Biology & Philosophy

, Volume 25, Issue 4, pp 689–709 | Cite as

Trashing life’s tree

  • L. R. Franklin-HallEmail author


The Tree of Life has traditionally been understood to represent the history of species lineages. However, recently researchers have suggested that it might be better interpreted as representing the history of cellular lineages, sometimes called the Tree of Cells. This paper examines and evaluates reasons offered against this cellular interpretation of the Tree of Life. It argues that some such reasons are bad reasons, based either on a false attribution of essentialism, on a misunderstanding of the problem of lineage identity, or on a limited view of scientific representation. I suggest that debate about the Tree of Cells and other successors to the traditional Tree of Life should be formulated in terms of the purposes these representations may serve. In pursuing this strategy, we see that the Tree of Cells cannot serve one purpose suggested for it: as an explanation for the hierarchical nature of taxonomy. We then explore whether, instead, the tree may play an important role in the dynamic modeling of evolution. As highly-integrated complex systems, cells may influence which lineage components can successfully transfer into them and how they change once integrated. Only if they do in fact have a substantial role to play in this process might the Tree of Cells have some claim to be the Tree of Life.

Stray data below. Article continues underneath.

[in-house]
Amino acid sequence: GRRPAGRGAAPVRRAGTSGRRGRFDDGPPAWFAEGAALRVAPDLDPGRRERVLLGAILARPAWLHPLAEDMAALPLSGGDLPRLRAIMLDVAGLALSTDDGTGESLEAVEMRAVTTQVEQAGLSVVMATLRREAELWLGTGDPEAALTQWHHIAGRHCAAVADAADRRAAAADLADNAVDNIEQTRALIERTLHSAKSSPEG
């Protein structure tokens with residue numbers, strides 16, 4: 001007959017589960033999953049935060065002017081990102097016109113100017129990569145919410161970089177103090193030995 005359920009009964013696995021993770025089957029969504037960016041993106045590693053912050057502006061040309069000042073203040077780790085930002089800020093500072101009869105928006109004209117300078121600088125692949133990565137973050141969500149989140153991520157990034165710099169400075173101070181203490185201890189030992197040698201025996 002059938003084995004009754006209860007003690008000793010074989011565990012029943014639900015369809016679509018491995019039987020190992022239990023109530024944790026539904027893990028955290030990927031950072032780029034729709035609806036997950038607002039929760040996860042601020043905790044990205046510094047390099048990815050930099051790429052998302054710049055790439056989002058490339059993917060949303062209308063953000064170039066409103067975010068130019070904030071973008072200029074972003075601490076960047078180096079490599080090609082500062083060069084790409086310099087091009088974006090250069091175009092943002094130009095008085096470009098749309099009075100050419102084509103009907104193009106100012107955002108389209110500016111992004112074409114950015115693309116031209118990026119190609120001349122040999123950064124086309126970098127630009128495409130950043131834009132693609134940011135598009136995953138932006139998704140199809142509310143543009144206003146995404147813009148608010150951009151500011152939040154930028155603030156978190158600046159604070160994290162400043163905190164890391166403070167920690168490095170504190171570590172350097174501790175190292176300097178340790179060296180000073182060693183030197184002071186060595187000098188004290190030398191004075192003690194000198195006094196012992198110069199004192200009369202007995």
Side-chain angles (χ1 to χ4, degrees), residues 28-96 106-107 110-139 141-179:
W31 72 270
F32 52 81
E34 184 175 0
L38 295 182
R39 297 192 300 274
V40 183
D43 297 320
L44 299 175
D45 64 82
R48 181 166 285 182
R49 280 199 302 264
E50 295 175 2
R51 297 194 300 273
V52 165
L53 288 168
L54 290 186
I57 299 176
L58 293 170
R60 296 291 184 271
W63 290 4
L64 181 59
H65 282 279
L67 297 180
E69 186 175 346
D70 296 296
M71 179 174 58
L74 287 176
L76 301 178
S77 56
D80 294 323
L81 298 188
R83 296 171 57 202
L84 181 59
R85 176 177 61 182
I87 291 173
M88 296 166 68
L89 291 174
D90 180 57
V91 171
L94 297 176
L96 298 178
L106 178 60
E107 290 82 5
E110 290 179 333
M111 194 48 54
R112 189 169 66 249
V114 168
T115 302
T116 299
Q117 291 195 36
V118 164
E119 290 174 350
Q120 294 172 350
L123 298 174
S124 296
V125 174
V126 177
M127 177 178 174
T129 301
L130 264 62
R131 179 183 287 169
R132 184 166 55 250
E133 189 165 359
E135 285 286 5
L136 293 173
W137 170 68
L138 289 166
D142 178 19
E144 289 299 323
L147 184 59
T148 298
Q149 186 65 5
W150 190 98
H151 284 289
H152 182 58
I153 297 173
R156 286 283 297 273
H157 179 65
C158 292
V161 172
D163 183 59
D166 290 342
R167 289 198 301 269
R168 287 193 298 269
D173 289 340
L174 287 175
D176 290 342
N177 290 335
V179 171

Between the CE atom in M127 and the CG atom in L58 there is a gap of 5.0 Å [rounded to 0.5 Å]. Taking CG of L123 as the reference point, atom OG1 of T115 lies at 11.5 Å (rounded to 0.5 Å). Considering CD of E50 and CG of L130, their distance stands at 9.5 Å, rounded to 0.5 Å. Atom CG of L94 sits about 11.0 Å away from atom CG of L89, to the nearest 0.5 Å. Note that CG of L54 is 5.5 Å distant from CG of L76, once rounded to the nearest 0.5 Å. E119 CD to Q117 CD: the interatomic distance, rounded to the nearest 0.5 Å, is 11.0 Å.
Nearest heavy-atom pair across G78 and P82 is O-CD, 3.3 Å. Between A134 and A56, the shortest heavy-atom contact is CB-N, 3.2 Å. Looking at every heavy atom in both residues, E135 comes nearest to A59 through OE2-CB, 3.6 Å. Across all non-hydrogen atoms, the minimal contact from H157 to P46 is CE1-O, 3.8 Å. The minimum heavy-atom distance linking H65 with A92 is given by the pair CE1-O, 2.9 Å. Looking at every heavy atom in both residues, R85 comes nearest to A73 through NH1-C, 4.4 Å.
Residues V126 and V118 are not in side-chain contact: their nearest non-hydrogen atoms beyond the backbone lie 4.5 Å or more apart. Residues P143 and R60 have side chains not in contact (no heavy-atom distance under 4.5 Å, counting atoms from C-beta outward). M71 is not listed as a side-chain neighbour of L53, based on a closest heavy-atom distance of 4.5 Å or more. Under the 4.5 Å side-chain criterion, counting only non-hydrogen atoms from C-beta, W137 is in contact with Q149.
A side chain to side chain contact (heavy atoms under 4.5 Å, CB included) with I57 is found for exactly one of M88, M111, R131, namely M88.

The tree of life Phylogenetics Evolutionary modeling Lineages Tree of cells 



I would like to thank John Dupré and Maureen O’Malley for their work on this issue and for establishing and running the Question the Tree of Life research project. I am particularly indebted to my referees and to Maureen O’Malley for helpful suggestions on this paper.


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Copyright information

© Springer Science+Business Media B.V. 2010

Authors and Affiliations

  1. 1.New York UniversityNew YorkUSA

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